Mentoring for parents at work

There is a lot of change, uncertainty, and upheaval when you become a parent. Having support from colleagues who are in the same boat can be a huge help.

PwC has a “Mentor Moms” program which offers peer support through all stages of parenthood. It would be great to make that more equal and open it up to the dads too!

You could set up a peer support group at your company, where new parents can get together and share their experiences.

Global attitudes to flexible working and parental leave are starting to change. Hopefully better and more equal leave rights for parents are not too far away. In the meantime, take charge of the things in your control to make navigating the road into parenthood easier, for both moms and dads. Talk to your partner about what they would like to do - stay home more, work more. Then look at the opportunities that are available to you.

Pave your own way

Some careers, unfortunately, do not lend themselves easily to flexible working. For example, nurses cannot carry out patient care from home! If this applies to you, there are still options you can consider.

Could you cut your days down and make more money elsewhere? It would allow you to fit your career around your children and save on child care costs too.

Think about your skills. Not just those directly connected to your job - look at the transferable skills and qualities required for the job you do. If we go back to nursing, “I know how to check for signs of illness” could become “I am good at caring for people and helping them get better”. That is a skill that opens up more flexible career paths, like therapy. You would get the same satisfaction of helping others, while spending more time with your family… and potentially earning more money!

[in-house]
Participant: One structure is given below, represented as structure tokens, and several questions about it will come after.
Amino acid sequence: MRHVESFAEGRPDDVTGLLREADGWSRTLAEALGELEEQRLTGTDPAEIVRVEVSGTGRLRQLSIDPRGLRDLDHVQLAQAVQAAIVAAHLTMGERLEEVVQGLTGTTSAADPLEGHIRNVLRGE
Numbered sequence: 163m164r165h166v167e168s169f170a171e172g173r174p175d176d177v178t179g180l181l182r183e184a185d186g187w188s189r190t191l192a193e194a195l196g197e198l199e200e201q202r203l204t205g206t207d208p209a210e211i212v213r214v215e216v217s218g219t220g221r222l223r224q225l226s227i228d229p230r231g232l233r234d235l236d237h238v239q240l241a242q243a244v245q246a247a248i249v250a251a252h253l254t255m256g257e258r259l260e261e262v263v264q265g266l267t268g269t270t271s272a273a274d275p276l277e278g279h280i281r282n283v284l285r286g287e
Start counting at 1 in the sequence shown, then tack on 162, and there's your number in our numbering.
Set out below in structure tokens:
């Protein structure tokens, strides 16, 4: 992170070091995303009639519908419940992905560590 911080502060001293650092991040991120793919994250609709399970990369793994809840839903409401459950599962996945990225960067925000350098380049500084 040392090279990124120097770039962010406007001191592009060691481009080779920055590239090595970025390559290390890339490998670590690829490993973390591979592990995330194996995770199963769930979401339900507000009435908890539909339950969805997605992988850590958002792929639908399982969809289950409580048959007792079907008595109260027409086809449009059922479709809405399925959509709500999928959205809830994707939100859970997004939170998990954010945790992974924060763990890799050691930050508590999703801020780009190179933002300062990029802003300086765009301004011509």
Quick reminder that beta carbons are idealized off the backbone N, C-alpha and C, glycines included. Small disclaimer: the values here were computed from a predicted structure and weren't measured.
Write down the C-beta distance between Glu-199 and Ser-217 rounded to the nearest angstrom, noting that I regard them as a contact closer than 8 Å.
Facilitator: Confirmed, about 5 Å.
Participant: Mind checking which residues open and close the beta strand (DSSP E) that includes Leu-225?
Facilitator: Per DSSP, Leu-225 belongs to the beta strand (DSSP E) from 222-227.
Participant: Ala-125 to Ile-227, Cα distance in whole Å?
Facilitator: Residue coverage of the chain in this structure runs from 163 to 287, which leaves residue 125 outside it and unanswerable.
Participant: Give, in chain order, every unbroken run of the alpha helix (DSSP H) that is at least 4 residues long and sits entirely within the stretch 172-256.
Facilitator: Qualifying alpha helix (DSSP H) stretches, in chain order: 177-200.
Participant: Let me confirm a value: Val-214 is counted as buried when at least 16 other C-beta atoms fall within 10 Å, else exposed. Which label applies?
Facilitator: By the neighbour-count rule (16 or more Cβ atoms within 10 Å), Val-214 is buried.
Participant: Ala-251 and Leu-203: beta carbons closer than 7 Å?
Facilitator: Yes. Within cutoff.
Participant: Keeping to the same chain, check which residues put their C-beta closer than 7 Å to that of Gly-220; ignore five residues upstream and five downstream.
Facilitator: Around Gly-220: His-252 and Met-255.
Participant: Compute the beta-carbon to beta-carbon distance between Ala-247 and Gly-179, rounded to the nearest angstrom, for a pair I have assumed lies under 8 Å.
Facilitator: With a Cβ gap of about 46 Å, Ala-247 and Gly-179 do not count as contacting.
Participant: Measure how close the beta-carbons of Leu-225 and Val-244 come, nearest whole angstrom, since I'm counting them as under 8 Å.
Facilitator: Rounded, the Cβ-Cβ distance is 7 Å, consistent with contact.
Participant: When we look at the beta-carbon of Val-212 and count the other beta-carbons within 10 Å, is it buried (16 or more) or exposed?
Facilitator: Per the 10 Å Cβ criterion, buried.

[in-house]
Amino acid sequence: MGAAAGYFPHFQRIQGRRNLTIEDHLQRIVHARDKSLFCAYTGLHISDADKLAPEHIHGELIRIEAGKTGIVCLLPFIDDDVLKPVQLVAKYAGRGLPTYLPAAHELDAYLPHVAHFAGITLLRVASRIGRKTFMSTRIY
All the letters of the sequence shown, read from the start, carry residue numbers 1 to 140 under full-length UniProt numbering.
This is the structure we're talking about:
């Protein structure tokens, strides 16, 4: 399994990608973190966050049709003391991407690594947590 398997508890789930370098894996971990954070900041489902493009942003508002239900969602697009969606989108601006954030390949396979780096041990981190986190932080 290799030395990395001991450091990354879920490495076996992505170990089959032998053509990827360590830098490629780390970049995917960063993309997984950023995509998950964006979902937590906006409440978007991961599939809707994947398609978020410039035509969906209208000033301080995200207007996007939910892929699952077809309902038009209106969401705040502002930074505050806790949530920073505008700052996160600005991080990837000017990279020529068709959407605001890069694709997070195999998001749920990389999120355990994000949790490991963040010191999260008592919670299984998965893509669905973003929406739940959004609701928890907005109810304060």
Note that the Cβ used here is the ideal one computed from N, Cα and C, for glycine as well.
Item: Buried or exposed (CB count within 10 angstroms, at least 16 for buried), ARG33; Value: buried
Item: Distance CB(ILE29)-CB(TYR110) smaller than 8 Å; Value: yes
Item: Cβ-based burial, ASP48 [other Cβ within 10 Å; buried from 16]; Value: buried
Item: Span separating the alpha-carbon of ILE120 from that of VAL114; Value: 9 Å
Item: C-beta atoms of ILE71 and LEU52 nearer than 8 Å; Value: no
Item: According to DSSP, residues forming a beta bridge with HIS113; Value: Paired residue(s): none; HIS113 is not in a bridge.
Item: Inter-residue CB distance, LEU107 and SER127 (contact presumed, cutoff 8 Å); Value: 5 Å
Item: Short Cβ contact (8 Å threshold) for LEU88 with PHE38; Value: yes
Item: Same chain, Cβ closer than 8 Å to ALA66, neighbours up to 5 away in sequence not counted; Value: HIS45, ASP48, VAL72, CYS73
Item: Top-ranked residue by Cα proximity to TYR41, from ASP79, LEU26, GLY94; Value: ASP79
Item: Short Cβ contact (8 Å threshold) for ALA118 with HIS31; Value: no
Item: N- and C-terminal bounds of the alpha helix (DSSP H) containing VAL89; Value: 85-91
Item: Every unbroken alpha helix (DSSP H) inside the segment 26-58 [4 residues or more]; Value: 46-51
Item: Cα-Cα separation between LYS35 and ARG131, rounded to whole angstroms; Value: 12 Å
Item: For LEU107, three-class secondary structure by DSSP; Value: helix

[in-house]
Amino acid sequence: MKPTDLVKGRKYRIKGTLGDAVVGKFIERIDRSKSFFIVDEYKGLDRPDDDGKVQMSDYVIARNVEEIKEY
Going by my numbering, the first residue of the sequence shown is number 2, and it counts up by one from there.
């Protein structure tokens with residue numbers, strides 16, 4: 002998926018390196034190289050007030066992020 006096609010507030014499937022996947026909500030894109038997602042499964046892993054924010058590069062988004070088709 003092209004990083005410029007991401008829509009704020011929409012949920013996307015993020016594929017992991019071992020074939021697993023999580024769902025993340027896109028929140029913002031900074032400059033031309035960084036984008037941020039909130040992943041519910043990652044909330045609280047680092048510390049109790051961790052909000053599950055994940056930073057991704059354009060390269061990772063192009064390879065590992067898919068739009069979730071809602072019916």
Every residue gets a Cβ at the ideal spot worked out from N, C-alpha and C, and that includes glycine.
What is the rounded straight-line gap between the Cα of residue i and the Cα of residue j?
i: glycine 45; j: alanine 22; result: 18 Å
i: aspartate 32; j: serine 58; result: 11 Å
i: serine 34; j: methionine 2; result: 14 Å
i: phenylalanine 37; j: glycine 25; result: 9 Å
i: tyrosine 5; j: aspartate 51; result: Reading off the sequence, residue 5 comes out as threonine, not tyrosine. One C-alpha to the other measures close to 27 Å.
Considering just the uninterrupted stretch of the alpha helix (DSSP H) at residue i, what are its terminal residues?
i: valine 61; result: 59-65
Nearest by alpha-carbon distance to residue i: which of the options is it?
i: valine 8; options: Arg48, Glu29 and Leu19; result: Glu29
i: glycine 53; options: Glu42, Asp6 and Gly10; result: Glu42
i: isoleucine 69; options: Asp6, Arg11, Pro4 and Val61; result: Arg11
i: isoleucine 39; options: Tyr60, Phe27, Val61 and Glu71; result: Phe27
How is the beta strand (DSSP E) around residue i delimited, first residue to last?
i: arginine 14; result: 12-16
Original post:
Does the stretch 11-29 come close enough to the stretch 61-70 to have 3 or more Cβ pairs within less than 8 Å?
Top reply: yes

Marisa Peer’s Rapid Transformational Therapy™ (RTT)  program can be studied from home, and once you have qualified, you can carry out consultations and sessions online too. The course can be completed in as little as three months and you do not need to have a background in therapy to enroll as the training provides you with everything you need to set up and achieve a successful career.

Louise Hateley tells how becoming an RTT therapist has allowed her to spend more time with her family.

If you are interested in finding out more about RTT therapy, sign up for the free masterclass to learn all about the course from Marisa herself.